Skip to the content

Financial Agreements

Financial Agreements

A Financial Agreement is an agreement between two people entering or already in a de facto relationship or marriage.

Financial Agreements can be entered into under the Family Law Act 1975:

1. Before a marriage or de facto relationship;
2. During a marriage or de facto relationship; or
3. After divorce or the breakdown of a de facto relationship.

Financial Agreements can deal with how property and financial resources are to be dealt with, spousal maintenance, matters incidental to or ancillary to the division of property/spousal maintenance as well as ‘other’ matters.

Financial Agreements in contemplation of a marriage or de facto relationship (commonly referred to as ‘pre-nups’) usually set out how the parties will divide their property if they separate at a later time.

They are particularly useful in the following circumstances:

  1. Where couples have been married before and have significant assets and children from previous relationships. These couples may enter into a Financial Agreement to enable them to preserve their respective assets in the event of a breakdown of the relationship, so that they can pass them down to their respective children upon their deaths.
  2. A party contemplating entering into a marriage or de facto relationship who has assets of significantly greater value than those of the other party may wish to enter into a Financial Agreement to protect those assets in the event of the breakdown of the marriage or de facto relationship.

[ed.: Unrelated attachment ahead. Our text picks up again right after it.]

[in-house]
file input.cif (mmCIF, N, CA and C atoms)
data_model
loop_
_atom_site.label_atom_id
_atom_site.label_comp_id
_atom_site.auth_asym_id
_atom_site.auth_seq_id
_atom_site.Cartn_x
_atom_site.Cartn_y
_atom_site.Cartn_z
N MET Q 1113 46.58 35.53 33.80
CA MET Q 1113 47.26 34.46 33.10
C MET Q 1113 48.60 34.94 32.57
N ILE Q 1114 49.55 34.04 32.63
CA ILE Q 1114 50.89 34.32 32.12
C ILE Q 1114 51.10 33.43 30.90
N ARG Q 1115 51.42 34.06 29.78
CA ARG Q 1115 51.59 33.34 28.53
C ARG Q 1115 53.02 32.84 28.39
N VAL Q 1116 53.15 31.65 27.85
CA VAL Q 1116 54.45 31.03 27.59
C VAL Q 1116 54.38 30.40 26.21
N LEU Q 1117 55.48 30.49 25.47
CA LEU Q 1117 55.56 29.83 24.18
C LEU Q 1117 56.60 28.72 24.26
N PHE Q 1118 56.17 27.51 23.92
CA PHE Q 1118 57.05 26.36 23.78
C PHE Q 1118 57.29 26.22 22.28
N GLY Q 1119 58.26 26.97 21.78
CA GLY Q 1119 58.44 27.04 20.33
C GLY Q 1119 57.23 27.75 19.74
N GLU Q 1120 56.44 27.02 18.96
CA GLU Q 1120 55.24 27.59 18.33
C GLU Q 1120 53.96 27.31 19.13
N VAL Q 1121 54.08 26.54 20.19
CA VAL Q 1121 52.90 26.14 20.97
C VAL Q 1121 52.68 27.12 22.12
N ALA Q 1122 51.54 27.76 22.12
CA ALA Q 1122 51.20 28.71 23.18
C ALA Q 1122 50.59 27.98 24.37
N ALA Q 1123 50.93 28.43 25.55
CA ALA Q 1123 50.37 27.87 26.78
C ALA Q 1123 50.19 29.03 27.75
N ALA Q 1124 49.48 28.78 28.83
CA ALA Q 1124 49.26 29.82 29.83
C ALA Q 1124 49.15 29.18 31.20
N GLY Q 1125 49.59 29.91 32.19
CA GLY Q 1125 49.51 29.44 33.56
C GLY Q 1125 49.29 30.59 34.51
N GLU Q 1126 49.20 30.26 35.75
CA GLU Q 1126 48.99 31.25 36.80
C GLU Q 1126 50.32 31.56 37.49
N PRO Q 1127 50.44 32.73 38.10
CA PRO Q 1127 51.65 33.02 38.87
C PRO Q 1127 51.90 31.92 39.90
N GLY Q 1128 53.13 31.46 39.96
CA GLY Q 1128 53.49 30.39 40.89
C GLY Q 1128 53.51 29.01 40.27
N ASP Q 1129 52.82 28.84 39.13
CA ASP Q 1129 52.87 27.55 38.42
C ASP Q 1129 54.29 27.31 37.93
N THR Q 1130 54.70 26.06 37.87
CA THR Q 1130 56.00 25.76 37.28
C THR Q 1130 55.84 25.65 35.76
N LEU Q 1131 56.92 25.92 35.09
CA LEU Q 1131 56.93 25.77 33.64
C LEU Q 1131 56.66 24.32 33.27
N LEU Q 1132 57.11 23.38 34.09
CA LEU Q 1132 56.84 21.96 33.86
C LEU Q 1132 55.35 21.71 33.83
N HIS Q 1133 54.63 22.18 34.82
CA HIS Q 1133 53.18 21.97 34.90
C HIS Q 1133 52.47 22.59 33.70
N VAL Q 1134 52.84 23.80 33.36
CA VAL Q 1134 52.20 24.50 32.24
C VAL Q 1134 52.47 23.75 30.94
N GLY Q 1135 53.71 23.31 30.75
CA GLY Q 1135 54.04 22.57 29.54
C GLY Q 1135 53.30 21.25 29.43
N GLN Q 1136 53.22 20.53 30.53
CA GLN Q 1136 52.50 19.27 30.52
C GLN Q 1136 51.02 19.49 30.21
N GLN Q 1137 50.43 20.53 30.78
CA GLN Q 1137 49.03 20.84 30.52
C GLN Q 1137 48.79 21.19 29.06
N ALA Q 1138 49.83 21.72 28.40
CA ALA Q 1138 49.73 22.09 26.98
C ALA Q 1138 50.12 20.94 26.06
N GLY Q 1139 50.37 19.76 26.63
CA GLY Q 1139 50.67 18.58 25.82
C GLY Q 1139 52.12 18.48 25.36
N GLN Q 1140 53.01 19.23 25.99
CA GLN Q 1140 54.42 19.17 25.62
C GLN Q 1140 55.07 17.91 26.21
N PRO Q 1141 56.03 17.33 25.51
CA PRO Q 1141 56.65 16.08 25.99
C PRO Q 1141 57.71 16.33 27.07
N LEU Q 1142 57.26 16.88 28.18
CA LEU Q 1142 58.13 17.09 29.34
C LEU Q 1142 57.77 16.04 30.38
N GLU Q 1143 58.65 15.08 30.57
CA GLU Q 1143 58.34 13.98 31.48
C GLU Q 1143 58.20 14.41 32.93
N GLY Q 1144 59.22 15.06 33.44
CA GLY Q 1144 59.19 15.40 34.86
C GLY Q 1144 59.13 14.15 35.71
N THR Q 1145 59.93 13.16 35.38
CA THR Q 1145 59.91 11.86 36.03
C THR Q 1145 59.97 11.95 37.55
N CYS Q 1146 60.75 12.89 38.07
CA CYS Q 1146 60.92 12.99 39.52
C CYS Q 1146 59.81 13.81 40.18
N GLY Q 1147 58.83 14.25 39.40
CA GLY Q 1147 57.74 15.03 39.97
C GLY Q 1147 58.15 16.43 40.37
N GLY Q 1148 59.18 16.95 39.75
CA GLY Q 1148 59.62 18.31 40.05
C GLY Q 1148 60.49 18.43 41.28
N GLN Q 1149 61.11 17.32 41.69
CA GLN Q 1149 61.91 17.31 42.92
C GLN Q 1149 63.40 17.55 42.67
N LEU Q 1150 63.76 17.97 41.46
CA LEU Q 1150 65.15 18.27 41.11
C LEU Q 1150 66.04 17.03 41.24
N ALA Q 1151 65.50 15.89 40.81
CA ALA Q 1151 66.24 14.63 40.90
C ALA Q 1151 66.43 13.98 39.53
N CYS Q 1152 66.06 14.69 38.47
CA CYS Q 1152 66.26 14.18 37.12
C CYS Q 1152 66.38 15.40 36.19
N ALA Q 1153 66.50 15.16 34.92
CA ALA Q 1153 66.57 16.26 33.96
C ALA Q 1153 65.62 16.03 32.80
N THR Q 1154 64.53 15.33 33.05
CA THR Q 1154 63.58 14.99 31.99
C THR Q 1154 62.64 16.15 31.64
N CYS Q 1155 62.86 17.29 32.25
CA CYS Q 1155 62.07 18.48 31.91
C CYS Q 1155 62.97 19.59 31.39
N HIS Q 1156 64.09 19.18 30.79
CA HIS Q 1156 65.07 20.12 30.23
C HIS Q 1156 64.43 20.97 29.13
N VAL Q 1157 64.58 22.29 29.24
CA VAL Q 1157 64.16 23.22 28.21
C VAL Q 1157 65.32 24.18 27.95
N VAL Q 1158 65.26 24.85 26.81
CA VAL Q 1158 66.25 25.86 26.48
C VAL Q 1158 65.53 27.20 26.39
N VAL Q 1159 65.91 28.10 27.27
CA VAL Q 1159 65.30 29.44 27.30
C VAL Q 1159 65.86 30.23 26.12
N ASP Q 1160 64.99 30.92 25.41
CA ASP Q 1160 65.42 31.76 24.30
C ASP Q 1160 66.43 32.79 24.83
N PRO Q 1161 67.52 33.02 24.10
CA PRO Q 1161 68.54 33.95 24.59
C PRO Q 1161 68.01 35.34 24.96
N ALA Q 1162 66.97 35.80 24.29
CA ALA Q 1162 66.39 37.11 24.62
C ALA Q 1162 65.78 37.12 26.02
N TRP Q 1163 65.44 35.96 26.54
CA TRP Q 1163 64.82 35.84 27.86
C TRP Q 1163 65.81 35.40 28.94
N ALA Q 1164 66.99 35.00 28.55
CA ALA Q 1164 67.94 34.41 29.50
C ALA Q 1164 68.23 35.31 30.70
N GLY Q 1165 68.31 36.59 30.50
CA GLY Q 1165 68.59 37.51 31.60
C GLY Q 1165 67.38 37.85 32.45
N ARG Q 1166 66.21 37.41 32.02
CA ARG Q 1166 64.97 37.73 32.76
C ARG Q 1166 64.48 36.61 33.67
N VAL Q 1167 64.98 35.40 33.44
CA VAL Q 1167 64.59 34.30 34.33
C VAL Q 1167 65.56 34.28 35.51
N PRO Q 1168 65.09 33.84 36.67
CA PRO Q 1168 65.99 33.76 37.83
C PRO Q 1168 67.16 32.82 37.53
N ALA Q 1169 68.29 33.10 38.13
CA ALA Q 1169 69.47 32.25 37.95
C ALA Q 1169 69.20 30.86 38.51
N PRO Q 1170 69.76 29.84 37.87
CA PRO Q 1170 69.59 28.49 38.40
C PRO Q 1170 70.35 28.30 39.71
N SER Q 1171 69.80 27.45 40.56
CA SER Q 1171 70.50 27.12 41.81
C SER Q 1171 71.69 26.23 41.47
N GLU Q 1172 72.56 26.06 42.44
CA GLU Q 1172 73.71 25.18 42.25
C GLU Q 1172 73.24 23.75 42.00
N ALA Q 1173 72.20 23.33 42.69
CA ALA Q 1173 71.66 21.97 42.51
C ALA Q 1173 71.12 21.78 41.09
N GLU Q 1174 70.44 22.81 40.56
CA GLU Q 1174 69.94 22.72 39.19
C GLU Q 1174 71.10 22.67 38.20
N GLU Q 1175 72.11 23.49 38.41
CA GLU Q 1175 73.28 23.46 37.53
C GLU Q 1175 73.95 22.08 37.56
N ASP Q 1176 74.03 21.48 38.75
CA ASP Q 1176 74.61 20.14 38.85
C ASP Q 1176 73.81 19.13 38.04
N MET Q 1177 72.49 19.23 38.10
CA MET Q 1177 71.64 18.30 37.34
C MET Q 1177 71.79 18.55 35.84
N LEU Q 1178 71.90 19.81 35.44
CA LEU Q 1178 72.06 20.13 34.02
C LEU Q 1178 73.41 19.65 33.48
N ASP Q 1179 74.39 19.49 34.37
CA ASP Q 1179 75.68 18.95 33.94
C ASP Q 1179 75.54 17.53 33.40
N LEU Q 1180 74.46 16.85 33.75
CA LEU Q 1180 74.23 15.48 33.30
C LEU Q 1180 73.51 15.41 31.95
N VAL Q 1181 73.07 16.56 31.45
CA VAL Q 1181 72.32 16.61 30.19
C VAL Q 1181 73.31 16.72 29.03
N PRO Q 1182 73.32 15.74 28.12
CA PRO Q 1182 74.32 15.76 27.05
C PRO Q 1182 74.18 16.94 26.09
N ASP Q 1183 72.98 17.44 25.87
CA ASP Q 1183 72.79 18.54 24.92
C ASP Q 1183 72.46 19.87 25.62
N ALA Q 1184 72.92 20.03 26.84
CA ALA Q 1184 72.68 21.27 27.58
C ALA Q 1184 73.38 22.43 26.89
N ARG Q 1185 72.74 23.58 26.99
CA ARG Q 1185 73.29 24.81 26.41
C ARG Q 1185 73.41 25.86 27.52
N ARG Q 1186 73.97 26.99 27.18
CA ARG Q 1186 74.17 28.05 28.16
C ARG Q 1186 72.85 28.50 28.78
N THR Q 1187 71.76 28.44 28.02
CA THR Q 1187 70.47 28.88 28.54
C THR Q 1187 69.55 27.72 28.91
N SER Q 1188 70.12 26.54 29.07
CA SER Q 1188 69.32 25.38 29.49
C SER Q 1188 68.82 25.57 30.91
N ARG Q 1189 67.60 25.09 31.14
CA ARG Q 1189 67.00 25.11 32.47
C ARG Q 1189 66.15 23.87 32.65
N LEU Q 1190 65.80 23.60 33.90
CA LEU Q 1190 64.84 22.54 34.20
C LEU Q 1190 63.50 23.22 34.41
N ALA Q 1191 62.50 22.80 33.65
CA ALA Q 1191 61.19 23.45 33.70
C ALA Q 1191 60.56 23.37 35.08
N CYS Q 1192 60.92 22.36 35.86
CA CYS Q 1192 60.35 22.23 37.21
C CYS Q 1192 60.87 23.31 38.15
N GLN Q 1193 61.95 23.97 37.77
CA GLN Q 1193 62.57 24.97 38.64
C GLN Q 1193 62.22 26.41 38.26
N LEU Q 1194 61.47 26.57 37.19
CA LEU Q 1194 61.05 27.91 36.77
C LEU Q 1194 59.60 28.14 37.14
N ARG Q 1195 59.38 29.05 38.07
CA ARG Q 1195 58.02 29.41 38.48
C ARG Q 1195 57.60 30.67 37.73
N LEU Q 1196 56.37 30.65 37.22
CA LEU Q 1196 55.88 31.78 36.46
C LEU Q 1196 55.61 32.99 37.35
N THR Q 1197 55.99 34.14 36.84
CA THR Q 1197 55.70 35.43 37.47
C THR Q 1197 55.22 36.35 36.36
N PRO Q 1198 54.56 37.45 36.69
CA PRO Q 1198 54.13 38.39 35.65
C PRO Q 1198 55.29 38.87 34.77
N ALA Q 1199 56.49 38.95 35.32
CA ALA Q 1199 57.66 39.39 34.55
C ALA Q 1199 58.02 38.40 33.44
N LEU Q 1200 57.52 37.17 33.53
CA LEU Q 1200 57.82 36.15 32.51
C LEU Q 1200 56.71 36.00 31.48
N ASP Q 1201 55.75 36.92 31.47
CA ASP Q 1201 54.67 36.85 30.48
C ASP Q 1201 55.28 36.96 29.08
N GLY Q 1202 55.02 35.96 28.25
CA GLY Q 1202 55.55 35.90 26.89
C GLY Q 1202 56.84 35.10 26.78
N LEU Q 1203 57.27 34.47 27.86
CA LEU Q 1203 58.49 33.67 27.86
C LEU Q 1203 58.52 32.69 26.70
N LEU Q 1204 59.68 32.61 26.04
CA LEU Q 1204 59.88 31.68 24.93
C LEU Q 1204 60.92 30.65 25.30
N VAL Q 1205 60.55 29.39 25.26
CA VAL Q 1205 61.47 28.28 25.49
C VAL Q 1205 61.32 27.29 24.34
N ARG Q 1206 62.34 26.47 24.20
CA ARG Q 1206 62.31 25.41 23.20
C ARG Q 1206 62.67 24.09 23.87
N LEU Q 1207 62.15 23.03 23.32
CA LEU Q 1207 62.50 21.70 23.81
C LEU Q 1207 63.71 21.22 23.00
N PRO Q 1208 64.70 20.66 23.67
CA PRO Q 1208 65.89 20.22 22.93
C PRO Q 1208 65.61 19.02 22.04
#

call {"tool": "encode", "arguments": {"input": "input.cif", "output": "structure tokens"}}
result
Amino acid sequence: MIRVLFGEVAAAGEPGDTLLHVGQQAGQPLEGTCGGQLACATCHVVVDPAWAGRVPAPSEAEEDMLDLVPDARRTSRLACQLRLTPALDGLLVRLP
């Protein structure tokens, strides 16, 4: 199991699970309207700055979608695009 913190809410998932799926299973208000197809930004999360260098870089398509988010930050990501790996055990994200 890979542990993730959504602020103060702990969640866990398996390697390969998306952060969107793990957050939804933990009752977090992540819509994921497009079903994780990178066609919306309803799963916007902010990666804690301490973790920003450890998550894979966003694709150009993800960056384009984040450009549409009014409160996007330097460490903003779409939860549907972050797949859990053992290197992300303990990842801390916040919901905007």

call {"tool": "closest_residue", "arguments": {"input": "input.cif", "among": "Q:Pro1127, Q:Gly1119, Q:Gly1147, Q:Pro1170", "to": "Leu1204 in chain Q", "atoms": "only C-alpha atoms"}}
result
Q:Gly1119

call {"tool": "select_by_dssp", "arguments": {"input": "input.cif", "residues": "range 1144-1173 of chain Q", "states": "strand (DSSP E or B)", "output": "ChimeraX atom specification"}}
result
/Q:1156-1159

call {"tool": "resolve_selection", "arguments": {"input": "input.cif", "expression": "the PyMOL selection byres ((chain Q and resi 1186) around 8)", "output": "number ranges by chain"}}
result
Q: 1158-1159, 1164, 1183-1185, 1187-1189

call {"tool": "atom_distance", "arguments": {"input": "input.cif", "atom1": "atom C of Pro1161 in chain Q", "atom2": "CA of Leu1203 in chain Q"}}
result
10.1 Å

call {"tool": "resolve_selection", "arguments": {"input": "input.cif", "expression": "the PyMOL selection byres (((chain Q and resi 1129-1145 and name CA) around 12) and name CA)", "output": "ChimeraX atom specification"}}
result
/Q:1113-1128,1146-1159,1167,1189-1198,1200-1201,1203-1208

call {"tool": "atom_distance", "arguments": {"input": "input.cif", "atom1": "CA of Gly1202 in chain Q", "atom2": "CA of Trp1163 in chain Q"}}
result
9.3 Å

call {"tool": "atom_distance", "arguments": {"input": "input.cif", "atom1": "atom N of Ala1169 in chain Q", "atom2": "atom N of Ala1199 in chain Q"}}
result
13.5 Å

3. A party who is likely to receive a substantial gift or inheritance from his or her parents may wish to enter a Financial Agreement to protect those assets in the event of the breakdown of the marriage or de facto relationship.

Each party to a Financial Agreement must be provided with independent legal advice before entering into the agreement about the effect of the agreement on the rights of the parties and the advantages and disadvantages, at the time that the advice was provided. Financial Agreements must be drafted in a manner which complies with the requirements of the Family Law Act to ensure that they are binding and enforceable.

Those wishing to enter into a Financial Agreement are advised to seek advice from a specialist family lawyer. Our team of experienced family lawyers are available to discuss Financial Agreements with you further, contact us today.

 

In basic terms, it is an agreement between two people entering or already in a de facto relationship or marriage. The agreement will specify what will happen:

  1. during the relationship; and/or
  2. at the point of separation; and/or
  3. after separation

to any assets, liabilities, superannuation, financial resources, inheritances, gifts, windfalls or income of either one or both parties to the relationship.

These can either be held at the time the agreement is entered into, or accrued or earned during the relationship – the agreement can cater for both.

If you do not enter into an agreement and you enter a de facto relationship or marriage then all your assets, liabilities, superannuation and income earned during the relationship and potentially after will be deemed relationship property and form the asset pool for division between you and your partner under the Family Law Act 19751

In the simplest of terms, the Family Law Act will divide your asset pool as follows: